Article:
Assessing the Colts during the offseason: Offensive line
INDIANAPOLIS, Ind. – By any standard, the Indianapolis Colts weren’t good enough in 2016.
The only bottom line that matters: finishing 8-8 (again) and missing the playoffs in consecutive seasons for the first time since 1997-98.
“We understand that 8-8 in not good enough and that’s on me,’’ coach Chuck Pagano said. “This is a winning culture, it is a winning organization and we didn’t achieve the goal and we all know that.’’
It’s going to take significant personnel changes during the offseason if the Colts are going to return to relevancy. That includes prudent investments in veteran free agency, which begins March 9, and further bolstering a flawed roster through the April 27-29 draft.
Before we consider outside solutions, we’ll take a position-by-position look at the Colts.
Today: Offensive line
- Under contract: OT Anthony Castonzo, G Jack Mewhort, C Ryan Kelly, OT Joe Reitz, OT/G Joe Haeg, OT/G Denzelle Good, OT Le’Raven Clark, C Austin Blythe, OT Jeremy Vujnovich, G Adam Redmond.
- Pending free agents: G Hugh Thornton, C/G Jon Harrison (restricted).
- Looking back: The group was better in ’16 than it was in ’15. That’s the textbook definition of a backhanded compliment. Of course the offensive line was better. How could it not be?
But we’re not here to rehash the travails of ’15. Some things are better left in the past, and that’s one of them.
While there’s no denying there was improvement in an area that’s long been an organizational eyesore, it still wasn’t good enough. The pass protection – and let’s not absolve running backs and tight ends of blame – allowed 128 hits on Andrew Luck and Scott Tolzien, second only to Cleveland’s 140. The Browns, it’s worth noting, were a league-worst 1-15. Luck was sacked 41 times, matching a career high despite missing one game with a concussion, which was a result of being driven to the ground after delivering a pass against the Titans in week 11.
For the glass-is-half-full crowd, the Colts got their act together over the second half of the season. After allowing 31 sacks in the first eight games, the number dwindled to 13 over the final eight.
For the glass-is-half-empty group, hits-per-game on the QBs actually rose as the season unfolded: 9 per game in the final eight after 7.75 in the first eight. Make of that what you will. That might be a reflection of Luck doing a better job of avoiding sacks rather than his protection improving.
We won’t offer excuses for the uneven play, but there were reasons. That Luck would be working behind a young O-line was a given after Ryan Grigson used four of his eight draft picks to address the position: center Ryan Kelly (round 1), tackle Le’Raven Clark (3), guard/tackle Joe Haeg (5) and center/guard Austin Blythe (7). Each started at least one game.
Kelly provided the interior stability that’s been missing. He was one of 11 rookies across the league to start all 16 games and didn’t give up a sack. Haeg was the first rookie since the Saints’ Kyle Turley in 1998 to start at three different spots. In four games, including the last three, Ryan, Haeg and Clark started.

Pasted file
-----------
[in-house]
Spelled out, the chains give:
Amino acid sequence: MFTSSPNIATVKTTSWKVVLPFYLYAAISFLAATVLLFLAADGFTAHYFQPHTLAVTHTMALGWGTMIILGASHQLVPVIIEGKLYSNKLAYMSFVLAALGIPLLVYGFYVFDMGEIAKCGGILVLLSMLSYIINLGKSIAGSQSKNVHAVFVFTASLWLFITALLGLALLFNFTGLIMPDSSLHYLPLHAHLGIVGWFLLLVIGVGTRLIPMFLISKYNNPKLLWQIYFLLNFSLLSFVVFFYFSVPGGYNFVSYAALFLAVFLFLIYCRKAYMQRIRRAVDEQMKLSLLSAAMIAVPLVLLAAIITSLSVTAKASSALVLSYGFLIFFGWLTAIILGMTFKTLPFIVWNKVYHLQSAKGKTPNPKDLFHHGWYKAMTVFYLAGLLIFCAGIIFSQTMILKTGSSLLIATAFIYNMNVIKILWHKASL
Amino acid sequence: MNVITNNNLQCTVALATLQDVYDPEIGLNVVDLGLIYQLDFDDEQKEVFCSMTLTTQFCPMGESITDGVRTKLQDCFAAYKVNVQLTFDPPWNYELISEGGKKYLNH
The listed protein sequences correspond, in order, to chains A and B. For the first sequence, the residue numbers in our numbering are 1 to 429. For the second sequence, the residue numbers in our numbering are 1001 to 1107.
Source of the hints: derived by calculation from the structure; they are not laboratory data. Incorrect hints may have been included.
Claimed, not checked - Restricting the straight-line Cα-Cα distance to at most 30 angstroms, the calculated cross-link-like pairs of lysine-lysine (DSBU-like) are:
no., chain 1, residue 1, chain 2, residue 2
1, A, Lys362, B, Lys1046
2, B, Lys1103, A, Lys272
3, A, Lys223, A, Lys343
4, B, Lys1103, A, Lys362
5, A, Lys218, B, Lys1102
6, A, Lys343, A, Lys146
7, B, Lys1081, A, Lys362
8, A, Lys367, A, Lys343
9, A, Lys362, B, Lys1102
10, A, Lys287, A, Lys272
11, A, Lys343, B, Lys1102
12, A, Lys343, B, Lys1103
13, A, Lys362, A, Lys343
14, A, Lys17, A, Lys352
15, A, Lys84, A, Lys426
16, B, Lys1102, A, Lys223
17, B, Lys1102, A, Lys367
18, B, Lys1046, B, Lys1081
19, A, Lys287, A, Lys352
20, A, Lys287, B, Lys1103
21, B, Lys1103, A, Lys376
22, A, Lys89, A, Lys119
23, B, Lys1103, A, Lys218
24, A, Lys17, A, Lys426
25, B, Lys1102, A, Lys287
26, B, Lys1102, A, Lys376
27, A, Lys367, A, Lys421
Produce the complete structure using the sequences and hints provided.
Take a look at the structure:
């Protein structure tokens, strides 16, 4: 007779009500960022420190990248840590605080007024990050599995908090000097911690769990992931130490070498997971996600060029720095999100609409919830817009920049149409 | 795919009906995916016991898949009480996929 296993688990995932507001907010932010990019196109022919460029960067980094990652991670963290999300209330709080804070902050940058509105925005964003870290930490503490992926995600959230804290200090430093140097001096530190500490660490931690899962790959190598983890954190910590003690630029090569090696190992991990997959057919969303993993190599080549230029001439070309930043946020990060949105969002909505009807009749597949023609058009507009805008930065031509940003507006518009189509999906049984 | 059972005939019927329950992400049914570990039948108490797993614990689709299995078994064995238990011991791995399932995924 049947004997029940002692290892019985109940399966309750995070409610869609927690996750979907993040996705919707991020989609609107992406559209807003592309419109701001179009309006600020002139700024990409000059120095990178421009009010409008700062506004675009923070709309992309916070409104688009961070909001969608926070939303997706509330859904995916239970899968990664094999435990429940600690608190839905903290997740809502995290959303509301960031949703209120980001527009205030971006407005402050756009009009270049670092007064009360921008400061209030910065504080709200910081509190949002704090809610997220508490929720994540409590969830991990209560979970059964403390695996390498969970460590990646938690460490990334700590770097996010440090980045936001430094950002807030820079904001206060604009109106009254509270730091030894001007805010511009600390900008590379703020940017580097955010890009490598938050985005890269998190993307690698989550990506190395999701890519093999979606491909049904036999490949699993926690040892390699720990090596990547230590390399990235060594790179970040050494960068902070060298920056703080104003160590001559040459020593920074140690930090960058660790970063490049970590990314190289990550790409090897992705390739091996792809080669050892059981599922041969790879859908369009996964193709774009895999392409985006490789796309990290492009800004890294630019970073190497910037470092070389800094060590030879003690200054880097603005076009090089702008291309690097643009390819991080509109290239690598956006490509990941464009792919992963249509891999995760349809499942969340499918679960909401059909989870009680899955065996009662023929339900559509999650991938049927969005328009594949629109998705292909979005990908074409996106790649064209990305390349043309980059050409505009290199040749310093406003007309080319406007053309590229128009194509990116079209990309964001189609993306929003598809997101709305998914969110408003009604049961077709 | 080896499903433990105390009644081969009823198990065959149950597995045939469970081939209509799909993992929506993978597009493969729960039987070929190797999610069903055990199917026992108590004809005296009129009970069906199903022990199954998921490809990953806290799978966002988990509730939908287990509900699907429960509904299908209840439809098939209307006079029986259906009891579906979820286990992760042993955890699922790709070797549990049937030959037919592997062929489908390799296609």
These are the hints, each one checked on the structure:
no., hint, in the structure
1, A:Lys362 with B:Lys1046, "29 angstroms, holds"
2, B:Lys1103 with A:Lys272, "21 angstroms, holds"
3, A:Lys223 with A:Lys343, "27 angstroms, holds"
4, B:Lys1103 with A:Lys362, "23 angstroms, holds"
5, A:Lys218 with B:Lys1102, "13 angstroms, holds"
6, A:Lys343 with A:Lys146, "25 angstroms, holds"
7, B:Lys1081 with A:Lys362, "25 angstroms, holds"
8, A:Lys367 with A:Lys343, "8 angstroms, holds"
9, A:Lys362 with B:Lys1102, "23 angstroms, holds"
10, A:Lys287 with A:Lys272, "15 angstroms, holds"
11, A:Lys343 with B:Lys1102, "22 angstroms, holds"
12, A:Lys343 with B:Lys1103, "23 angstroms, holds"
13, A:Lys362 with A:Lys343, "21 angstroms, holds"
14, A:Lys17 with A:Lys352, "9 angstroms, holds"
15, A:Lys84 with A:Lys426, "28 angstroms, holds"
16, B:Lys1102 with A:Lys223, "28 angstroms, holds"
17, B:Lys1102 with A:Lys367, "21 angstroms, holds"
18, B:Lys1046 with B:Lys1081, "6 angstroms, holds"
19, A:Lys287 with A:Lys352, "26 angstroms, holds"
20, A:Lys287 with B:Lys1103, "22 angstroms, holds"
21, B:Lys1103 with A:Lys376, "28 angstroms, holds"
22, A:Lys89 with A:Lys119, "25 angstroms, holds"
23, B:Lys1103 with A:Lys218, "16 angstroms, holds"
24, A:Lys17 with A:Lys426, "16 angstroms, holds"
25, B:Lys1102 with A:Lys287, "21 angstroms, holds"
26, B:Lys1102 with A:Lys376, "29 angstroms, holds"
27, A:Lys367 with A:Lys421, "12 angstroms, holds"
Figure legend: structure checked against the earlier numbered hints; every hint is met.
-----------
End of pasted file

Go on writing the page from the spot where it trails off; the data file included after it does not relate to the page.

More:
Injuries also impacted continuity and efficiency. Left guard Jack Mewhort missed five starts, the final three with an injury to his left knee. Denzelle Good started 10 games at right guard, but missed six with a concussion and back injury.
The mixing and matching resulted in coordinator Rob Chudzinki using seven different starting combinations. The group’s early growth was impeded not by youth, but by left tackle Anthony Castonzo struggling mightily. He eventually got his act together.
While stats often are misleading, we’ll still point out a couple. First, Luck joined Peyton Manning as the only QBs in team history to be part of an offense that featured a 4,000-yard passer, 1,000-yard rusher (Frank Gore) and 1,000-yard receiver (T.Y. Hilton). Manning did it in eight consecutive seasons. Also, the O-line helped Gore end two droughts. He became the first Colt since Joseph Addai in ’07 to rush for at least 1,000 yards and the first since Vick Ballard in ’12 to tack up a 100-yard game. The latter snapped a 61-game dry spell. Finally – and this belongs in the take-it-for-what-it’s-worth category – Pro Football Focus ranked the Colts’ offensive line 25th.
- Looking ahead: The future appears bright, but some decisions must be made. Is Haeg a guard or tackle? Let’s make up our mind, for his sake. Is Clark, a healthy inactive for eight games, the answer at right tackle? If so, that would answer the Haeg question.
Let’s keep in mind management believed it possessed a viable right tackle in Good, a four-game starter at that spot as a rookie in ’15. He was a guard in year 2.
It’s also worth noting the coaching staff did Haeg no favors last season. While he was just trying to keep his head above water as a wide-eyed rookie, the Colts moved him around: eight starts at right tackle, four at right guard, two at left guard.
“He’ll do whatever and he’ll roll up his sleeves and go to work,’’ Chudzinski said. “I’ve never heard him complain. He doesn’t say much as far as (moving around) goes. It’s really, really unique to have a rookie that can go do that. I’ve never been around that where a guy can play all those different positions.
“He’s not perfect. It has not been perfect. We’ve got a lot of work to do with him as well as all those young guys. But it’s a promising young group. It’s just going to take time.’’
We’ll be keeping our eye on the status of Reitz. Despite his ability to start multiple positions, he turns 32 in August. He’s under contract through ’17 with a modest salary-cap hit of $2.5 million, but the team’s youth movement might include moving on without the popular Hamilton Southeastern H.S. product. We believe Reitz still has value. We’ll see if management agrees, or opts to clear $2.5 million in cap space.
- Offseason priority: Moderate.